Are you still confused about vaccine shedding?
As this infographic describes, it really isn’t that complicated…
What Does Vaccine Shedding Really Mean?
To clear up some things:
- yes, some vaccines do actually shed, but it is rarely a reason to avoid getting vaccinated and protected
- of the vaccines that we use routinely, shedding is limited to the rotavirus vaccines, FluMist, and the chickenpox vaccines
- some other vaccines that can shed include the oral polio vaccine and the smallpox vaccine
- the rubella component of MMR may very rarely shed, but only in breastmilk
If vaccines do shed, why shouldn’t we be more concerned about it?
Well, for one thing, most vaccines don’t shed.
DTaP, hepatitis A, hepatitis B, Hib, flu, IPV, HPV, meningococcal, pneumococcal, and Tdap shots – none of them shed.
And then there is the fact that:
- when a vaccine sheds, it is the weakened or attenuated vaccine strain, not the wild strain that would cause more serious disease. Putting it another way, if the vaccine strain doesn’t make the person who is getting immunized sick, then why would it get someone else sick if they got it through shedding? Of course, there is a situation in which even a vaccine strain could be dangerous, and that’s for those who are severely immunosuppressed. Still,
naturaldisease would be bad for these kids too!
- even with oral polio vaccines, the problem isn’t really shedding, which actually provides a type of passive immunization in areas where polio is still not well controlled. The problem is that very rarely, the attenuated virus in the oral polio vaccine can revert to a form that can cause the person who was vaccinated to actually develop polio (VAPP). Now, shedding of this strain would be a problem, but only if the other person wasn’t immune.
- rotavirus vaccines only shed in stool. You can avoid it by washing your hands when you change your child’s diapers, which you hopefully do anyway.
- FluMist is attenuated and cold-adapted, which means that it won’t replicate well in our warmer nasal passages and respiratory tracts.
- you have to actually get a rash, which is rare, for the chickenpox vaccine to shed.
- it is only kids with eczema that usually get sick if they are exposed to someone who recently had the smallpox vaccine. Since the smallpox vaccine causes skin reactions, even the attenuated vaccine strain can cause severe reactions if a child’s skin is already broken down, like with eczema.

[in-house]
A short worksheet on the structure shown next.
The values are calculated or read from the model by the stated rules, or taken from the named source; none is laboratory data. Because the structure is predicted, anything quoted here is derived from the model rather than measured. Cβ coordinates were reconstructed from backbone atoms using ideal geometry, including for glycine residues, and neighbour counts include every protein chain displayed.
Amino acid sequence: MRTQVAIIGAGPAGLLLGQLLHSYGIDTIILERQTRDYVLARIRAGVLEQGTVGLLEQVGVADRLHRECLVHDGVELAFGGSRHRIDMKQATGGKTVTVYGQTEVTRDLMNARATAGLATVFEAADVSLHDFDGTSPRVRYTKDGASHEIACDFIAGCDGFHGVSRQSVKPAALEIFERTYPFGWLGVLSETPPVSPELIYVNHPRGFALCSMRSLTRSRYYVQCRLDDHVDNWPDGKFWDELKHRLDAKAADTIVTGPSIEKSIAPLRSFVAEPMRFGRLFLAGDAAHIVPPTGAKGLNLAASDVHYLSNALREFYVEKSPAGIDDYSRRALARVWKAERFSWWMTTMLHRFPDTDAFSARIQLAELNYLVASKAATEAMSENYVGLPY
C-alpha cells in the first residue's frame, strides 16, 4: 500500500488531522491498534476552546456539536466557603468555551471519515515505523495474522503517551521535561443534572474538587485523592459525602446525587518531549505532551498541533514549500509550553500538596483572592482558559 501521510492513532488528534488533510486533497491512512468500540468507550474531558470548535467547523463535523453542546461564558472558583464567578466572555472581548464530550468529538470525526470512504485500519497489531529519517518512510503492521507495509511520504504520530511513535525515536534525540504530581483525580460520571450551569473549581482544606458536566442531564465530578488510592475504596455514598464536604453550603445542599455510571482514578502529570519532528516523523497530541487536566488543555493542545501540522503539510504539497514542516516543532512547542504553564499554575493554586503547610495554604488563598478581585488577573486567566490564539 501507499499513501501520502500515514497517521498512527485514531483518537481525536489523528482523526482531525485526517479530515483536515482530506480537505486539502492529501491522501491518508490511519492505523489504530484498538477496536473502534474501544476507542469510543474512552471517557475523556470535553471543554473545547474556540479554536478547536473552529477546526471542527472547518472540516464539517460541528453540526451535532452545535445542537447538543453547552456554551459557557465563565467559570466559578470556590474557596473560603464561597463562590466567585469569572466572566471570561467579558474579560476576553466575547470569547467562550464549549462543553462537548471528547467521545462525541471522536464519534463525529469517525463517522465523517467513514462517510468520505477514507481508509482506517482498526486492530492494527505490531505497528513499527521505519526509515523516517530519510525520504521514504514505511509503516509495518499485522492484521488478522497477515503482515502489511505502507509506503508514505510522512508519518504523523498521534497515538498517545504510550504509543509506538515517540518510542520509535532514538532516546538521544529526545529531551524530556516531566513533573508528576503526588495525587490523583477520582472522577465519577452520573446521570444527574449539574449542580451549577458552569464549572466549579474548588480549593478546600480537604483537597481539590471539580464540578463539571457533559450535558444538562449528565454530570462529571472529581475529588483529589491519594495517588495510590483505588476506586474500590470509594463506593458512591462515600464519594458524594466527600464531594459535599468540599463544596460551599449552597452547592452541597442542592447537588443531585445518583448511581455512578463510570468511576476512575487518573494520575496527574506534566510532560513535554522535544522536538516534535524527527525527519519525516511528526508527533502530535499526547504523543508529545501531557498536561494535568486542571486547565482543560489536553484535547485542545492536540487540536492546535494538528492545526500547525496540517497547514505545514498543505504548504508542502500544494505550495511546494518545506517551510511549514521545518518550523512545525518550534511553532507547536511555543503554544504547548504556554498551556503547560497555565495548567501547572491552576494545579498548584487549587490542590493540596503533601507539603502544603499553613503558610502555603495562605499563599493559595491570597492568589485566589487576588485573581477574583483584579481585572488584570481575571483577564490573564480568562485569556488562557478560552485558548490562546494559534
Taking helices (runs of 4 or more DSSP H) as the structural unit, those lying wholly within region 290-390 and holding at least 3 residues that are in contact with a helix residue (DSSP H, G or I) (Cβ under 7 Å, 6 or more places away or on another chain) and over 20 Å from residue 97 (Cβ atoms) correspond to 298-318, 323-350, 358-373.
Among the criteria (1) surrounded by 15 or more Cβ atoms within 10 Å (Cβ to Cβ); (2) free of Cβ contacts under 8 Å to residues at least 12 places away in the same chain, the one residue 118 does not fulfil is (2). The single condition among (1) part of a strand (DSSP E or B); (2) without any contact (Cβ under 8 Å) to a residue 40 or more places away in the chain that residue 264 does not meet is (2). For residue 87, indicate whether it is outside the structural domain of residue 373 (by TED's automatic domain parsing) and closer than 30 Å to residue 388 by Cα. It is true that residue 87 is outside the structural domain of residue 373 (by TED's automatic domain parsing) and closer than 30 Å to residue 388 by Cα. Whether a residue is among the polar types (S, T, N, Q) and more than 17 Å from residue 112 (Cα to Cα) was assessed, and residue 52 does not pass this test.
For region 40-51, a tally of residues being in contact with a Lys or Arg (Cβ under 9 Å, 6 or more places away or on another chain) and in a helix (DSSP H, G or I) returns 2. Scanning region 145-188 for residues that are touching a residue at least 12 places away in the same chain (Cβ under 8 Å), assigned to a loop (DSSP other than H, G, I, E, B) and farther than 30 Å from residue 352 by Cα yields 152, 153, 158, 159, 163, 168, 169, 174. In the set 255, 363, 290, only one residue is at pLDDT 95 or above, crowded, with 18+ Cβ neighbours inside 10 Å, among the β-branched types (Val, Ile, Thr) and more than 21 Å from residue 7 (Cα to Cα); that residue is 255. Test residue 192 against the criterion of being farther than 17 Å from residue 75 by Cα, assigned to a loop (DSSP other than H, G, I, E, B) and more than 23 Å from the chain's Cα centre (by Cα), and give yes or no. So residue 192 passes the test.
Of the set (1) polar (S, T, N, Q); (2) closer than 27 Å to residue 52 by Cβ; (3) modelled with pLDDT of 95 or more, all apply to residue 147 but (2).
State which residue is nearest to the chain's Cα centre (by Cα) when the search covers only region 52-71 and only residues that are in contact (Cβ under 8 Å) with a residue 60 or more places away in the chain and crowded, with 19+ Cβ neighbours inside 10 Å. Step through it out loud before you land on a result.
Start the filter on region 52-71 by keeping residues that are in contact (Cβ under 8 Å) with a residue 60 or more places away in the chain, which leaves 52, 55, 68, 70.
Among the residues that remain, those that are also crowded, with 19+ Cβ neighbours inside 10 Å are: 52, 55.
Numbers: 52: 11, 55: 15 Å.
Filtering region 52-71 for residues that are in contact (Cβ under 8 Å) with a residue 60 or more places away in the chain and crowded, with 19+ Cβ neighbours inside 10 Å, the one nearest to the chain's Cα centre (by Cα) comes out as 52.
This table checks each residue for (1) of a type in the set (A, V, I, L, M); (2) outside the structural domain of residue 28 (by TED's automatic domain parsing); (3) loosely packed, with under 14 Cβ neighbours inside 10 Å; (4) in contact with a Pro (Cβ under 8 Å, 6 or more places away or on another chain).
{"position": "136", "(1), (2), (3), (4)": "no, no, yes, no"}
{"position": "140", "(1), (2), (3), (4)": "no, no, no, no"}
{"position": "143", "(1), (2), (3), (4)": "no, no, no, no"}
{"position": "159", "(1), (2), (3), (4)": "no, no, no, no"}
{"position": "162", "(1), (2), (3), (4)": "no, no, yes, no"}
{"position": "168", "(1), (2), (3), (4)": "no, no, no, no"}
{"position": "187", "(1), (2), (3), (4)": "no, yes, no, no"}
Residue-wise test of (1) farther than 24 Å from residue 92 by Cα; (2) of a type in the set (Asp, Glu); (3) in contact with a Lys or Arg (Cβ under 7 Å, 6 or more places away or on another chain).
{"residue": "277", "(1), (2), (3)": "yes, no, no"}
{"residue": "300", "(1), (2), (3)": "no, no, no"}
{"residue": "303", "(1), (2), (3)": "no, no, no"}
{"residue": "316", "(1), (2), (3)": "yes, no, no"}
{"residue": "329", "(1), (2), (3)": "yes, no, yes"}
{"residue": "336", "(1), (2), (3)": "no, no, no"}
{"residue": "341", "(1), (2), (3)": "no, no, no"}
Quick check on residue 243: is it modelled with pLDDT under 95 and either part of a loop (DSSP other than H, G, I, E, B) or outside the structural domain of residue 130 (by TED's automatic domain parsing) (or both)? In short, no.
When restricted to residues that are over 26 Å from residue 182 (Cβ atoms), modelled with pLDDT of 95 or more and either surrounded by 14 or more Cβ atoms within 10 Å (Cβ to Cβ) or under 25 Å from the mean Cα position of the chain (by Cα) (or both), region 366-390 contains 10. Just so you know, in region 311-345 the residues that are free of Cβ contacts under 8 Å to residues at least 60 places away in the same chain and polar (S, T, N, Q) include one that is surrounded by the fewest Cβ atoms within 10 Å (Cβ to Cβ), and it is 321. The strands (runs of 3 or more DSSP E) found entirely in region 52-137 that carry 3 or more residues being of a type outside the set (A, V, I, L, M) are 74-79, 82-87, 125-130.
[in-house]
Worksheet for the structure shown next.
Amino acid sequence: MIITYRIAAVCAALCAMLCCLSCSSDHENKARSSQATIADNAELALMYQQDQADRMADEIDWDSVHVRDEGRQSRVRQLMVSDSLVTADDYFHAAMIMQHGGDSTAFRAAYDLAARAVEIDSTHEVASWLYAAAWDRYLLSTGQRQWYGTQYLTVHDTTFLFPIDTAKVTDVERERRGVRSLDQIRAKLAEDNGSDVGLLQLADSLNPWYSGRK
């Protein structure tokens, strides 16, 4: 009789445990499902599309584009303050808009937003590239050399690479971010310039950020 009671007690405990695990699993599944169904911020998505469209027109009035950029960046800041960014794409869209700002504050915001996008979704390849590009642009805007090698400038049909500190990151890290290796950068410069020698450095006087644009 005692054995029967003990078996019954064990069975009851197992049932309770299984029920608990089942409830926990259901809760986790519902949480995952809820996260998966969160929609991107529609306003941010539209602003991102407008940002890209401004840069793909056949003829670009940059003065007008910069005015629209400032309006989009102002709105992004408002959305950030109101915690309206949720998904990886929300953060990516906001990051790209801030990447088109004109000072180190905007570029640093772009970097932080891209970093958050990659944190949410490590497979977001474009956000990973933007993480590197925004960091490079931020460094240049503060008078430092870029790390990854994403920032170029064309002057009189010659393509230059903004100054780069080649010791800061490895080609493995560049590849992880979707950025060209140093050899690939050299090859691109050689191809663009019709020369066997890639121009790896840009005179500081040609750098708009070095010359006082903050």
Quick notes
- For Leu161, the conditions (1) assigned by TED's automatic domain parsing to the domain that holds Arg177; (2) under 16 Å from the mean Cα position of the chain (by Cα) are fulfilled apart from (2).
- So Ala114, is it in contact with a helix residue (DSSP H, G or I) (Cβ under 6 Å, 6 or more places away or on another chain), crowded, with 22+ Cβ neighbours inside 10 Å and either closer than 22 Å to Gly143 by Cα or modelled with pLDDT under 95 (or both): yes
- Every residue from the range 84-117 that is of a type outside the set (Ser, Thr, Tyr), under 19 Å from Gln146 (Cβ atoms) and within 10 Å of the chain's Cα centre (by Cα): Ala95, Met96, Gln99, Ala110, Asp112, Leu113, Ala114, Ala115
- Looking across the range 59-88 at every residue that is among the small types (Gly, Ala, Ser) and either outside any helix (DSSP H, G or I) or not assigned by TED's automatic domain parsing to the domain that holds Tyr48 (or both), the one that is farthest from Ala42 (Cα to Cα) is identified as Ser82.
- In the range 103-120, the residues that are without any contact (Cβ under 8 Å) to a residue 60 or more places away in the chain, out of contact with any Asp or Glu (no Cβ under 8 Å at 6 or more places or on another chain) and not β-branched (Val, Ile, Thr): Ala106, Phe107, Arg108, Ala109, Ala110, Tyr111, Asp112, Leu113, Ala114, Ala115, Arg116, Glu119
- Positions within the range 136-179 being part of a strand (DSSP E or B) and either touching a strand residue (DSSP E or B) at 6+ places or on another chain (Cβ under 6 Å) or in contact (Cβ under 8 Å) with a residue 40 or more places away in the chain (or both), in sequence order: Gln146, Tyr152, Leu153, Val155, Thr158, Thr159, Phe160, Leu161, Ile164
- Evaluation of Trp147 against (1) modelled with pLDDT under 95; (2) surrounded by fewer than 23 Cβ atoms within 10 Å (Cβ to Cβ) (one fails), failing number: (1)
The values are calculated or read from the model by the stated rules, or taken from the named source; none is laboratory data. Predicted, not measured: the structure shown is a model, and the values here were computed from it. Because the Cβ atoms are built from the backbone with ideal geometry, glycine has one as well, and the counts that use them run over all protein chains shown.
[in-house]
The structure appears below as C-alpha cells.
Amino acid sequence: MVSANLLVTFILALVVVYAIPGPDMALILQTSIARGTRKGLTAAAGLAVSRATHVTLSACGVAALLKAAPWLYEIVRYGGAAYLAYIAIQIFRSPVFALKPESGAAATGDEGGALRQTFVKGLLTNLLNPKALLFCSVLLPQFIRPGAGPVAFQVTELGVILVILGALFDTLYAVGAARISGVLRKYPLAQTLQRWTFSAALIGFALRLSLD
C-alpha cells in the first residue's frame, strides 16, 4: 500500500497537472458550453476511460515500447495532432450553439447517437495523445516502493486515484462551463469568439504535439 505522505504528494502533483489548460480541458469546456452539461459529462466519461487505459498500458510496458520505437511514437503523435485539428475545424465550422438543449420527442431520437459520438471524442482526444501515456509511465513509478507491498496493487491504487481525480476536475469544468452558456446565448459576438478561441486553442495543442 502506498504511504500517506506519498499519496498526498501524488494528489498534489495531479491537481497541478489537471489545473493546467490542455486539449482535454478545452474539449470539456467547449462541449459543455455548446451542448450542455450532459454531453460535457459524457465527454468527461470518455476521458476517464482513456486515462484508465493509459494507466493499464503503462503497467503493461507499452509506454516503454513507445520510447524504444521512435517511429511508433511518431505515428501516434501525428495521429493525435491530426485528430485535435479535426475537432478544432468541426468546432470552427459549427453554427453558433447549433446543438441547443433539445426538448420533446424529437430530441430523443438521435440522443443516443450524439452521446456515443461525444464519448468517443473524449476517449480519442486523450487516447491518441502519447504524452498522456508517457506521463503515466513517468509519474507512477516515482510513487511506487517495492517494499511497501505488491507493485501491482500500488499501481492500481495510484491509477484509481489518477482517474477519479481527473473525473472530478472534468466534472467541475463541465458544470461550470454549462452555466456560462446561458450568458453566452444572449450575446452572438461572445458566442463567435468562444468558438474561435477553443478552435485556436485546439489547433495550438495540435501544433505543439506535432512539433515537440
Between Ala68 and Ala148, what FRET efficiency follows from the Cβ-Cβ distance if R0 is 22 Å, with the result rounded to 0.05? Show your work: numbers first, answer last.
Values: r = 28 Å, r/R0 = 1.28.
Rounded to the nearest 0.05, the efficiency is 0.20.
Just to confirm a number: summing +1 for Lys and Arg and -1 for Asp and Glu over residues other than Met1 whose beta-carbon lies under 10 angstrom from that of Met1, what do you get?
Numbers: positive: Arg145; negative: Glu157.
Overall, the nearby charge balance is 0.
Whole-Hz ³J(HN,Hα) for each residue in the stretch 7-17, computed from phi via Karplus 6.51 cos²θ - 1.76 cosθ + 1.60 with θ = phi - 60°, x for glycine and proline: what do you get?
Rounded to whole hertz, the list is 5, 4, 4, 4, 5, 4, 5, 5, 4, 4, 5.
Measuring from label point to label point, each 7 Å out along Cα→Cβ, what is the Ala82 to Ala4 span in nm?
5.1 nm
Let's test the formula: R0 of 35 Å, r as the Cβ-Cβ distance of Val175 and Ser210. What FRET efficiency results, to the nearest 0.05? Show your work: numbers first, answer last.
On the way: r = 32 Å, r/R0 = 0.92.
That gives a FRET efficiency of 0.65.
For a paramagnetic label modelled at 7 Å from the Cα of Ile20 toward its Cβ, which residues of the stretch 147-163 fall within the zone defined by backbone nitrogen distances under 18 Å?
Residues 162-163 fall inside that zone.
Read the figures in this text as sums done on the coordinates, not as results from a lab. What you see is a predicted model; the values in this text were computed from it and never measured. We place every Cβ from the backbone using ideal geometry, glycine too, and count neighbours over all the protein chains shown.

Are you still concerned about shedding?
Can a Vaccinated Person Transmit Measles Through Shedding?
To put your mind at ease, understand that you are not going to get measles from shedding.
“In this systematic review, we have determined that there have been no confirmed cases of human-to-human transmission of the measles vaccine virus.”Greenwood et al on A systematic review of human-to-human transmission of measles vaccine virus
Well, at least not from someone who was recently vaccinated shedding a vaccine-strain of measles…
If you aren’t vaccinated and protected, you could easily get it from someone who has measles and who is shedding the wild type virus though. Measles is so contagious, you just have to be in the same room as someone with measles and you will likely get sick. In fact, you can enter a room a few hours after they have left and sill catch measles!
And in theory, if someone developed vaccine-associated measles – they got sick with a vaccine-strain of measles after getting vaccinated – then they could spread the virus to someone who wasn’t immune. That’s just because they would be contagious though, not anything specific to vaccines and shedding. Also, it is basically unheard of for this to happen.
What about all of those folks who test positive for vaccine-strain measles during an outbreak?
That’s not about shedding either.
They aren’t even people with measles. Instead, they typically have a vaccine reaction, a rash and/or fever after getting their MMR and they test positive for the vaccine strain of measles because they just got a live virus vaccine.
Is Vaccine Shedding a Threat?
Shedding isn’t the threat that anti-vaccine folks make it out to me.
Think about it. If it really was a big problem, then why don’t more intentionally unvaccinated kids with exemptions get sick when they are around kids who are vaccinated?
“Health officials should require a two-week quarantine of all children and adults who receive vaccinations. This is the minimum amount of time required to prevent transmission of infectious diseases to the rest of the population, including individuals who have been previously vaccinated.”Sally Fallon Morell, president of the Weston A. Price Foundation
We don’t actually quarantine anyone after they are vaccinated, so why don’t more kids with immune system problems get sick via shedding?
Or just think about what happens in a typical daycare or school. All of the kids don’t get vaccinated on the same day, so if shedding was an issue, wouldn’t the kids who had gotten their vaccines first shed on the ones who weren’t yet vaccinated, getting them sick?
Of course, this doesn’t happen. Again, shedding isn’t the threat that anti-vaccine folks make it out to be.
More on Vaccine Shedding
- When is Shedding Season?
- Johns Hopkins Hospital Warns Patients about Vaccine Shedding
- Why Are the DPT and OPV Vaccines Still Used in Some Countries?
- Vax Talk Podcast
- Can vaccines cause or spread diseases?
- “Vaccine Shedding”: Time Up For Another Vaccine Myth
- The Chickenpox Vaccine and Shedding Concerns
- Shedding Doubt: Are Live Vaccines Contagious?
- Ask the Experts about Rotavirus Vaccines
- What is “vaccine shedding” and is it a threat?
- Quick Links: Vaccine Shedding
- Study – Differentiating the wild from the attenuated during a measles outbreak
- Study – A systematic review of human-to-human transmission of measles vaccine virus.